Kids Want To Know: What's Inside Acorns?

GREENSBORO, NC -- This Kids Want To Know question came up while my family was hanging out in the backyard. My nephew, Cooper, was interested in something he found in the grass.

"What is all this stuff inside this acorn?" What I love about this KWTK segment is the adults learn something with every kid question.

What Cooper found in my backyard isn't really an acorn, but it is a nut. Karen Neill at the NC Agriculture Extension office says this is in the hickory family, it's a pignut. But what's inside the pignut and what is inside an acorn are the same properties. Karen explains.

"We have various types of nut trees in this area. We've got pecans which people eat. We have the black walnuts which people eat. We got one called pignuts and of course we have our acorns. Chestnuts would be another one that fit that list."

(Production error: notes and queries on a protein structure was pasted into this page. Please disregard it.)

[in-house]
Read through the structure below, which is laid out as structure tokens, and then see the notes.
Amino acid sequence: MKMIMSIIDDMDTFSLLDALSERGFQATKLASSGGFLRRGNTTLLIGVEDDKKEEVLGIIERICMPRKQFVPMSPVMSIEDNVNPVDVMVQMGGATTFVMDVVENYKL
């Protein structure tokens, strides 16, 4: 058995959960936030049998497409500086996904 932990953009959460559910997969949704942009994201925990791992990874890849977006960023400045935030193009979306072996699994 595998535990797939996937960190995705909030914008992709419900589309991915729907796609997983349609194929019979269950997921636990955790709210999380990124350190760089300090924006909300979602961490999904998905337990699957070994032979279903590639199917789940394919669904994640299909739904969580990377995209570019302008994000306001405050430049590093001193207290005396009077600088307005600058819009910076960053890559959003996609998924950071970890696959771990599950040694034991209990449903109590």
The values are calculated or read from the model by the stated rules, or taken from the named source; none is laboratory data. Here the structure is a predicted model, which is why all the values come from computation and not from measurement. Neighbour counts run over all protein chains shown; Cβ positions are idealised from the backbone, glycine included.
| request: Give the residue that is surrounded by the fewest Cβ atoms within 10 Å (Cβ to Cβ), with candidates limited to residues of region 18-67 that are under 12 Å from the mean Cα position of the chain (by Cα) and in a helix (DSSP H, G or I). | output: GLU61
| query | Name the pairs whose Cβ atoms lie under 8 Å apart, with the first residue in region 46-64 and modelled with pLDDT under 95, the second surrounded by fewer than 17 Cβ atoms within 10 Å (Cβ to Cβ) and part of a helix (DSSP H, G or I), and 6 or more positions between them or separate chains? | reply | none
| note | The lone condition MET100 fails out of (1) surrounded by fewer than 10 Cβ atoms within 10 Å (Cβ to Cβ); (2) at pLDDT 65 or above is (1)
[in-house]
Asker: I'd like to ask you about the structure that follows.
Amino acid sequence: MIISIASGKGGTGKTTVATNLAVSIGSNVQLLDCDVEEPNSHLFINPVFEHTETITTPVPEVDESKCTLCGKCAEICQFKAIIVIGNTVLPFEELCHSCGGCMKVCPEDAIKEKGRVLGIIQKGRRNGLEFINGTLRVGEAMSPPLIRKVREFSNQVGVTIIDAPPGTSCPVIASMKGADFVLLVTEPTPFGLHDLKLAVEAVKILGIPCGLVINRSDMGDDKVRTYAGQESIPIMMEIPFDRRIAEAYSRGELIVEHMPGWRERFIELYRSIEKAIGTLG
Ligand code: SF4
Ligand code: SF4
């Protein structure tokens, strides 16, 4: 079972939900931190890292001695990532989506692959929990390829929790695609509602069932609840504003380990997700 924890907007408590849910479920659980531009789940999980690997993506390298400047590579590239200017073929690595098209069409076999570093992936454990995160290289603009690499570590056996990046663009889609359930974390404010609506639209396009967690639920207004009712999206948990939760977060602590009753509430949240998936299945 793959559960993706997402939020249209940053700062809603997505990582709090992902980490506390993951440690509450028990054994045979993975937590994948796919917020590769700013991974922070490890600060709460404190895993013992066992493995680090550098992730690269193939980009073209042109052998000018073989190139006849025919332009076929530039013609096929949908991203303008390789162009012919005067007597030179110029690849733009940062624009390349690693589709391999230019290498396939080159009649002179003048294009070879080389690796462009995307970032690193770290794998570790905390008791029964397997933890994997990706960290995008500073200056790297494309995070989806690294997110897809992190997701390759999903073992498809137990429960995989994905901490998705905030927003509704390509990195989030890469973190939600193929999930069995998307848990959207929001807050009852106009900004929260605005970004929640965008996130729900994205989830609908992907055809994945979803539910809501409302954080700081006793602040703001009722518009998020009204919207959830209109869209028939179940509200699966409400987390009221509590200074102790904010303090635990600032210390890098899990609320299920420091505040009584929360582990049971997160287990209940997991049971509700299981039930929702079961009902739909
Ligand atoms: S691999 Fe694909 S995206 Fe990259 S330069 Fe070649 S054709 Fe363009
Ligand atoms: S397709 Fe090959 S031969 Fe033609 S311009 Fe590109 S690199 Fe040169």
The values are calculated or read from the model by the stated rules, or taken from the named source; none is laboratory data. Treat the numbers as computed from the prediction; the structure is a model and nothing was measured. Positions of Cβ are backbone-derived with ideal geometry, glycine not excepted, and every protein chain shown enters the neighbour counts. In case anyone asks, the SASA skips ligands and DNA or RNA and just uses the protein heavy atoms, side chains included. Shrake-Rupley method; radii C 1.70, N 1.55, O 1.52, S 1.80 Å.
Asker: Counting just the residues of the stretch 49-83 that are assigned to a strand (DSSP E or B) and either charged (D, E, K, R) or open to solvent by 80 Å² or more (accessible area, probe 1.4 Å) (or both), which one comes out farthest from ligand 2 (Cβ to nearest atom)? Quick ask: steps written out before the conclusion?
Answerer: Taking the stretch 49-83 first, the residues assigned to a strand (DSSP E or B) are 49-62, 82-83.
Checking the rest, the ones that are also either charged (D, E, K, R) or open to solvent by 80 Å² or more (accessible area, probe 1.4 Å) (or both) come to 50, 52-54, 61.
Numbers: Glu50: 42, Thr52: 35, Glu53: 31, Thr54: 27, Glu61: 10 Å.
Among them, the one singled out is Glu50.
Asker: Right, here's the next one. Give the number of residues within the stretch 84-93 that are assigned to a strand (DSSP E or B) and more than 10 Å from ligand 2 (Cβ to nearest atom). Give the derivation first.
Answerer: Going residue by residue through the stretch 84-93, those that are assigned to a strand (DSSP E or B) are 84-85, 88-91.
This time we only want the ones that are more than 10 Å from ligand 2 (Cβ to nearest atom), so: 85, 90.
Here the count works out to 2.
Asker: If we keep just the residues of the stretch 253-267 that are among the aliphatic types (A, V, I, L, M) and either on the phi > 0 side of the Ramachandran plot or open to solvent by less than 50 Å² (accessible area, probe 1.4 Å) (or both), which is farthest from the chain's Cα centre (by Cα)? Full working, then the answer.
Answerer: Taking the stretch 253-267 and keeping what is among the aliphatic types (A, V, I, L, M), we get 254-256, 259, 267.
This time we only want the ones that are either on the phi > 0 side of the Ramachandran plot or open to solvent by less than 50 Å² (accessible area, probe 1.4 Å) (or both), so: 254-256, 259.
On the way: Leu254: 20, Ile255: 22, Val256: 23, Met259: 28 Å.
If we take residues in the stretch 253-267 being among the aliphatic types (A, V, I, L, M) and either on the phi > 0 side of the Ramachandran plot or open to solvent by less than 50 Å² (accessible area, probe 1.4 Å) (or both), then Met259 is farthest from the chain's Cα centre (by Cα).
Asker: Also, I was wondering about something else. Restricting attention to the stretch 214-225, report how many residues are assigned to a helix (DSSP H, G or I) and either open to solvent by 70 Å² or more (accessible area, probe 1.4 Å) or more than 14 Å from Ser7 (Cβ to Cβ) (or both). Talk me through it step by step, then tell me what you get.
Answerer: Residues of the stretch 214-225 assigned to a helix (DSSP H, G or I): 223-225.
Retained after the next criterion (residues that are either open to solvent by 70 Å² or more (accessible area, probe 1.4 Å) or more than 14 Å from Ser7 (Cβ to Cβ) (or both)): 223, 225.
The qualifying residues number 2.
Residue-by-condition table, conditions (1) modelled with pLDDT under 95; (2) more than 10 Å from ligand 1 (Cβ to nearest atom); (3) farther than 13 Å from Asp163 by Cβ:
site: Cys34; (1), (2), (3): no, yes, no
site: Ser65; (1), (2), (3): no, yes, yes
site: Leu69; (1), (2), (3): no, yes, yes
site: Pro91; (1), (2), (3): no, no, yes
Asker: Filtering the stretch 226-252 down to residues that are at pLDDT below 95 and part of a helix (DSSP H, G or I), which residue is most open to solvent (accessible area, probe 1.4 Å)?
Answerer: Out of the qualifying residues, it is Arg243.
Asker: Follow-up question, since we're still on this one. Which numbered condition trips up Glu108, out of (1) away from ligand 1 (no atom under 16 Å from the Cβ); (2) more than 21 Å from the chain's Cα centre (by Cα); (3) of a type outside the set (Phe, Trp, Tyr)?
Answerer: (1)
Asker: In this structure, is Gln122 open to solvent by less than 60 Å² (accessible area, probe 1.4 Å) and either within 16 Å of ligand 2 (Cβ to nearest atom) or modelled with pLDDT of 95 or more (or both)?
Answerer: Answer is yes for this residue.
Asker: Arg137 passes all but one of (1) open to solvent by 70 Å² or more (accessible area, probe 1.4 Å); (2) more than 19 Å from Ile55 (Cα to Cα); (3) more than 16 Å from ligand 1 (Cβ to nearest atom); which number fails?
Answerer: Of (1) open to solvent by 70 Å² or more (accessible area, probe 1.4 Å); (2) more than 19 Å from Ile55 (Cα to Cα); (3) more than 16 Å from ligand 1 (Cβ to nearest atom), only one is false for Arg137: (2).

With all the nuts, the interior portion of the nut is really not there for us. But it is a protein source and many animals, including deer, squirrel, it can be our birds. They forage on these as a food source because it does have that high protein, high carbohydrates and fats in there.

"Now, as far as things like acorns, we can range in size from one to six centimeters, so very small, to very large. And what can happen is, and this is true with some nut trees, you have a very heavy production one year and then a light production the next."

The years we tend to see very heavy production of acorns and other nuts often times when there is a stressor on the tree, whether we are in a drought, whether there's been damage to the tree. That's because the tree wants to make sure that it's producing enough offspring, so at least one of those will germinate and make a new tree. The pollen is part of the germination and the new nuts and acorns.

"Many of the trees now are laden with pollen which many of us are sneezing as a result of. The pollen source in this case, which they produce tons of this, is because this is a wind-blown pollen so that we can get the best possible pollination that we can."


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